City committee shuts down bid to landmark former Silver Lake gas station

Apartment housing is slated to rise in its place

Mitch O'Farrell and the lot
Mitch O'Farrell and the lot

In the battle of NIMBYs vs YIMBYS, the YIMBYs were just handed a small victory.

A Los Angeles City Planning and Land Use committee voted to advance plans to build housing on the site of a former gas station, after a deal was struck with the building’s owner, the Los Angeles Times reported.

Rather than demolishing the former Silver Lake Texaco Service Station, William Hefner, the architect and building owner, will relocate the property along the L.A. River. Hefner partnered with local group River LA to come up with new renderings for the site, which will feature a retro cafe.

Hefner applied for permits to build a 14-unit apartment building in June. Council member Mitch O’Farrell initiated a landmarking process in March to prevent any demolition work.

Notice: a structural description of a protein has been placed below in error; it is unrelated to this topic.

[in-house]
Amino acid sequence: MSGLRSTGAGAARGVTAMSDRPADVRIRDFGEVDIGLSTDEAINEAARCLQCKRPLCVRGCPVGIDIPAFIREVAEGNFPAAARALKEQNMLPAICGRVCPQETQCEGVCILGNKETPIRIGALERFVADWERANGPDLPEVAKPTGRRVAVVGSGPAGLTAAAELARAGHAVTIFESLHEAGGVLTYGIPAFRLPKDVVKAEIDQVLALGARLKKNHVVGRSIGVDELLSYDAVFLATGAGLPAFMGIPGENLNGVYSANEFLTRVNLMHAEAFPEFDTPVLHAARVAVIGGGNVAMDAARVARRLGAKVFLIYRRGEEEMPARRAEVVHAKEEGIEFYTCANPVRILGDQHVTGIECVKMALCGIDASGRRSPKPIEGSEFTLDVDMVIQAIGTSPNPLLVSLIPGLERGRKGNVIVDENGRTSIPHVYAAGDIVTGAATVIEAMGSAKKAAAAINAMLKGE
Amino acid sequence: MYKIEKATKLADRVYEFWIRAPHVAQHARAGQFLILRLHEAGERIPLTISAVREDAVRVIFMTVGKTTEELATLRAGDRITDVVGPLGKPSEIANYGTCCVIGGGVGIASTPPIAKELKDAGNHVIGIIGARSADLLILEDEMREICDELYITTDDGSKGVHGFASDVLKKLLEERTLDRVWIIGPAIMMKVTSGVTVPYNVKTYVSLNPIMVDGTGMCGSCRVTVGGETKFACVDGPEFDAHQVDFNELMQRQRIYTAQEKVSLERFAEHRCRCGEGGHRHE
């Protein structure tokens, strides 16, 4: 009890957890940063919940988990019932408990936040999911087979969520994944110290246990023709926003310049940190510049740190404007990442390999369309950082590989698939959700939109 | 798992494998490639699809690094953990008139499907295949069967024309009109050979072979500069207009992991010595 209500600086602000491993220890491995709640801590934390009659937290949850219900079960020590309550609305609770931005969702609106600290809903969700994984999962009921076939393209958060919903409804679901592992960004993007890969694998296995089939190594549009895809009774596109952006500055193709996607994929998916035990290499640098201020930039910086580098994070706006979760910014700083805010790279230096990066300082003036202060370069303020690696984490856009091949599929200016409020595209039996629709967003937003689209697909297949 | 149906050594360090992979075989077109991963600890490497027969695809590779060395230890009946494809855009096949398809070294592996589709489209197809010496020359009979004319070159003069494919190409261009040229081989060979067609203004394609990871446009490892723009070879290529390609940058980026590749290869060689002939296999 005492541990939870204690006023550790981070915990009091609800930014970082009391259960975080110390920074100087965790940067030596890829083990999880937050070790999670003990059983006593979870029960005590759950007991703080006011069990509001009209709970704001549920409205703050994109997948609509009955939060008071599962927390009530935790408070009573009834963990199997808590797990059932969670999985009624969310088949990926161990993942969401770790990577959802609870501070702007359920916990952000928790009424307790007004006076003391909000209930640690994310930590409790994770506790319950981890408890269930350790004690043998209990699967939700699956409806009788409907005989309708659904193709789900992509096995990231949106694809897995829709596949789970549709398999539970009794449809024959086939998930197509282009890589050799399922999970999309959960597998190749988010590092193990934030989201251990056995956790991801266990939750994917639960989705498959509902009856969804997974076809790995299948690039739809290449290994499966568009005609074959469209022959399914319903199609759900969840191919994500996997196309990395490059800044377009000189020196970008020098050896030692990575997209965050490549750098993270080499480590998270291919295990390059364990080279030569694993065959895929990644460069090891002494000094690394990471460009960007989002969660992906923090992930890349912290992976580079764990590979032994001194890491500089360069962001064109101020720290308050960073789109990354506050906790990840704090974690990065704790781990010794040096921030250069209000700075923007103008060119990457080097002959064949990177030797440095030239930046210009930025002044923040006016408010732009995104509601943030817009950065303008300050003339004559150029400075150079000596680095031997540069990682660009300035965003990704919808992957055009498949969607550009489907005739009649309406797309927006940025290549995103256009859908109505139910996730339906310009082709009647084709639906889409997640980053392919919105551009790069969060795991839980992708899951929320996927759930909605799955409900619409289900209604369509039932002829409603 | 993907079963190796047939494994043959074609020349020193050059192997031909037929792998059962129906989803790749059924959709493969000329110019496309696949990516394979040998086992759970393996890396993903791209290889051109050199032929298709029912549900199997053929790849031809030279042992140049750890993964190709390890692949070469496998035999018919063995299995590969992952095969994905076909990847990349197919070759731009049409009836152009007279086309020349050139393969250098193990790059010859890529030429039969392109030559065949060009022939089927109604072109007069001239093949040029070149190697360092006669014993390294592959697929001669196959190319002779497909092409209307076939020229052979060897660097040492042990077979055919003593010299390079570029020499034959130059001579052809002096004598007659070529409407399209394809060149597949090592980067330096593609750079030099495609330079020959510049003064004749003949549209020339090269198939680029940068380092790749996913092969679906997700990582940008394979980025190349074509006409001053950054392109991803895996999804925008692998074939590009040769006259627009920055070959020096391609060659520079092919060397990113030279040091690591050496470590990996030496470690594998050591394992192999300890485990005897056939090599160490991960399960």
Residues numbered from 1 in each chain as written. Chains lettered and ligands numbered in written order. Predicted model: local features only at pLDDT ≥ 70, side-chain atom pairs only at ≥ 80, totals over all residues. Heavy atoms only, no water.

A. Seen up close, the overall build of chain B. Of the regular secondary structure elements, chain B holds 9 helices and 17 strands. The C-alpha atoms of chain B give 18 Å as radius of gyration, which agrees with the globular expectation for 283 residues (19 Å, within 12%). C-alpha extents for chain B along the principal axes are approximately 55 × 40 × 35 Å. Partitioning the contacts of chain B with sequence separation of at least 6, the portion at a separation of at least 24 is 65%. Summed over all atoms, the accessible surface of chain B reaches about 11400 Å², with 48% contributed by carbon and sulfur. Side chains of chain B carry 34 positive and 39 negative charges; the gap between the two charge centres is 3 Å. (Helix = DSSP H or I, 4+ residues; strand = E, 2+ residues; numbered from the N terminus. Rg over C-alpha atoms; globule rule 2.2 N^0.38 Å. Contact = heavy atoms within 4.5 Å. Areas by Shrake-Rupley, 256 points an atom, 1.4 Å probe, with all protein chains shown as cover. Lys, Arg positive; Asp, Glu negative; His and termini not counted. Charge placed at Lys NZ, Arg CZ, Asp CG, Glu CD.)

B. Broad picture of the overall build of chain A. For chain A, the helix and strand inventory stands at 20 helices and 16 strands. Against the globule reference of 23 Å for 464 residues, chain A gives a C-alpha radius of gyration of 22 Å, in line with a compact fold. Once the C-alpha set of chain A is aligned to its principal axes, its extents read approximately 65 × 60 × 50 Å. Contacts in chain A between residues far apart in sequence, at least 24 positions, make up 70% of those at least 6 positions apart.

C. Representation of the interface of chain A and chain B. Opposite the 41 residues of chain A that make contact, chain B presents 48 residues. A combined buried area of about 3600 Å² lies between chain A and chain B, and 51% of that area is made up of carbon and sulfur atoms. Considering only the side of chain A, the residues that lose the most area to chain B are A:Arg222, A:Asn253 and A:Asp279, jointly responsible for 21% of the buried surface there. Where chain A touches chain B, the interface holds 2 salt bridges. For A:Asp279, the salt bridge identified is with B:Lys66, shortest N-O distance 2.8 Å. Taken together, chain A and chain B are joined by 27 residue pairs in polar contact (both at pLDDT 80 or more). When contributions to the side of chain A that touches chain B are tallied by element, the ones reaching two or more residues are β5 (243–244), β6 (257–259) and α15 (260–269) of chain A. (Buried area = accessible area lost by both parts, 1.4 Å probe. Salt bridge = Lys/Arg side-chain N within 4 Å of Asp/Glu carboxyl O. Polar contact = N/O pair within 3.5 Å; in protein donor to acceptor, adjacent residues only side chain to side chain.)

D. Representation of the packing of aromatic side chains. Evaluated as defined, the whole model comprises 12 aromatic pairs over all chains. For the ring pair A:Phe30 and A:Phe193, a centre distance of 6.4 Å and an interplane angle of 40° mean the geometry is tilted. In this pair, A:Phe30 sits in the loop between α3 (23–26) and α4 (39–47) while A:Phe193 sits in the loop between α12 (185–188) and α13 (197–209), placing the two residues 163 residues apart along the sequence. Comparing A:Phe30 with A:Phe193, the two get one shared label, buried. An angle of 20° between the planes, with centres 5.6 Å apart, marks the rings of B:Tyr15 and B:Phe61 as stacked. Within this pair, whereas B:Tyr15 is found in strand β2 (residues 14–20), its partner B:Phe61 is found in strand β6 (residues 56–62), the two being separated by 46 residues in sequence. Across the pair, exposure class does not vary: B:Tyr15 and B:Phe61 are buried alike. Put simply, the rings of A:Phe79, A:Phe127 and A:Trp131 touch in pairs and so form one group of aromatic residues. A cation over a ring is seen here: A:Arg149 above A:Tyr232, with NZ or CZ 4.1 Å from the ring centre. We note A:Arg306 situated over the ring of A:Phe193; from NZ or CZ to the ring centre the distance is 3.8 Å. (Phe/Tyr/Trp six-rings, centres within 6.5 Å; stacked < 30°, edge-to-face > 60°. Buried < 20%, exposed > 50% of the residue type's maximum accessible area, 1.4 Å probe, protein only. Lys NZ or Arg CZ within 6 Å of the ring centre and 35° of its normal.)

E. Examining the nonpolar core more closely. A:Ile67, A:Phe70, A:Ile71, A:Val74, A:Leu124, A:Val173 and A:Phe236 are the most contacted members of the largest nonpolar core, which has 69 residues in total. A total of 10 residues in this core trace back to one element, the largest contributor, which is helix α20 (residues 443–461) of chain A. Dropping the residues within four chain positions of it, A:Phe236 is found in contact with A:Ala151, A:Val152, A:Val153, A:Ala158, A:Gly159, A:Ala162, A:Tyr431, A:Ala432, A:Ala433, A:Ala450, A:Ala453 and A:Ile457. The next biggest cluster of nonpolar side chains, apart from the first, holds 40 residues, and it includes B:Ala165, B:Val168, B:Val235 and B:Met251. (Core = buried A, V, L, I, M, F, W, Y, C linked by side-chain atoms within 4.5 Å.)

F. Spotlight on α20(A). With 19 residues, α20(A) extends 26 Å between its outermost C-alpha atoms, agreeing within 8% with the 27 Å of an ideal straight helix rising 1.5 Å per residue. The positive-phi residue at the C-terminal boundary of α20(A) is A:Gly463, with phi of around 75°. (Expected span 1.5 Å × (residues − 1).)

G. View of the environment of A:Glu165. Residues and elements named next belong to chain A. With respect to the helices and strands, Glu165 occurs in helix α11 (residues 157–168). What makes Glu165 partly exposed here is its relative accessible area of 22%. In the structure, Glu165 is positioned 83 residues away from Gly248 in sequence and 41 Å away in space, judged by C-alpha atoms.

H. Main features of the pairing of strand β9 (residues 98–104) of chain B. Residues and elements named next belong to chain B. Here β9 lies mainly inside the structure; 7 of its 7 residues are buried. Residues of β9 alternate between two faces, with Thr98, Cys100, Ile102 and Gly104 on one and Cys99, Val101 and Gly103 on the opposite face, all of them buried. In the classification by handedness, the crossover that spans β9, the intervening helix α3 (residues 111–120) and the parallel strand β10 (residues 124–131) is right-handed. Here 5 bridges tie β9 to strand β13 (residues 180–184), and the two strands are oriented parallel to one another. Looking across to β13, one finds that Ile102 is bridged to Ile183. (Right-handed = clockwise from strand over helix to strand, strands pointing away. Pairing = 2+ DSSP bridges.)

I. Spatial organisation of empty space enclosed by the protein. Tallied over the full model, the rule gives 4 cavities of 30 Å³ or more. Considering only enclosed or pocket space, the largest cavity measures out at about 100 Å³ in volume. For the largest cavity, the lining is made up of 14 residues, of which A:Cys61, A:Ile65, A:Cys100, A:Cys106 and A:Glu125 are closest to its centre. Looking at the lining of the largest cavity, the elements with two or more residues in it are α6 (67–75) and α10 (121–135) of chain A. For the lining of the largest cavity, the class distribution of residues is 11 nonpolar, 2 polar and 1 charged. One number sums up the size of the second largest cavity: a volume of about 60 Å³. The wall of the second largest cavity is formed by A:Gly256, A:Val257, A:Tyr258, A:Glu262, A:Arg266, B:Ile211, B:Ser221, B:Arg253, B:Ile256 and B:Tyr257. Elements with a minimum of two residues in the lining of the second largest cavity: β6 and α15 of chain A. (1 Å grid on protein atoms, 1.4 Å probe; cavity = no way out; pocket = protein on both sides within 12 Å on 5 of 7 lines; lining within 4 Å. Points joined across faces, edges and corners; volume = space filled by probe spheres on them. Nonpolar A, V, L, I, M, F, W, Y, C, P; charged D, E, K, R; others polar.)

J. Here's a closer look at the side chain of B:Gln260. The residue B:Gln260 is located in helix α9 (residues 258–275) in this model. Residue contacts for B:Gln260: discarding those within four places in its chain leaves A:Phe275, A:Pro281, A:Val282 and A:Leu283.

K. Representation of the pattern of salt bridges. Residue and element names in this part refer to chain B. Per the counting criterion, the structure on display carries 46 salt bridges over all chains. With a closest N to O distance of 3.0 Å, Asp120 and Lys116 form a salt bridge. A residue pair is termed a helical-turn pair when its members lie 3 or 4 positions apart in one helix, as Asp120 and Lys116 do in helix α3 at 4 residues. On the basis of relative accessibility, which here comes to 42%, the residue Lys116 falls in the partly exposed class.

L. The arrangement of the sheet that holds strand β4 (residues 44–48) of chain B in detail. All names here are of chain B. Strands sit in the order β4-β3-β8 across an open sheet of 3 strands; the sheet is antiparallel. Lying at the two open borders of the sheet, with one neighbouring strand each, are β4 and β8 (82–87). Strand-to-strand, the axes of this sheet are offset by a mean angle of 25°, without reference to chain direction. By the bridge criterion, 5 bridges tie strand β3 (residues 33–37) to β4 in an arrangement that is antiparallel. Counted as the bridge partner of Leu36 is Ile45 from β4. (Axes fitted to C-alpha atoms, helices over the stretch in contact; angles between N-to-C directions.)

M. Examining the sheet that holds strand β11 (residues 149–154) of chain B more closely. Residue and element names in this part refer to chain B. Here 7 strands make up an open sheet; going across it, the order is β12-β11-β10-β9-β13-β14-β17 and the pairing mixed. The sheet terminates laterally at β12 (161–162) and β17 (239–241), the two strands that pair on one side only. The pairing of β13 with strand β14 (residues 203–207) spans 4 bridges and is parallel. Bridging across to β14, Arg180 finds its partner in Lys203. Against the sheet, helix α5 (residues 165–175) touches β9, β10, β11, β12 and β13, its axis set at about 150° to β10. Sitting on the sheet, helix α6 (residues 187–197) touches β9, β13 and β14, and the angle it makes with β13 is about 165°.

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Conservationists were up in arms over the historic building, arguing the steel-frame structure was an example of the Streamline Moderne architecture style. But critics argued that the site, which has not been used for decades, is missing key features like signage or fixtures that would deem it worth preserving.

Another individual, car shop owner Koko Bakchajian, even offered to buy and restore the property as the committee deliberated on its decision, Eastsider LA reported.

The City Council still needs to make a final decision on the matter.

Historic-cultural nominations have grown in popularity in recent years as history buffs — and development opponents — turn to the designation to thwart new development. With a Historic-Cultural Nomination in place, preservationist groups can add substantial amounts of money and time to any project, deterring some developers from building altogether. [LAT] – Natalie Hoberman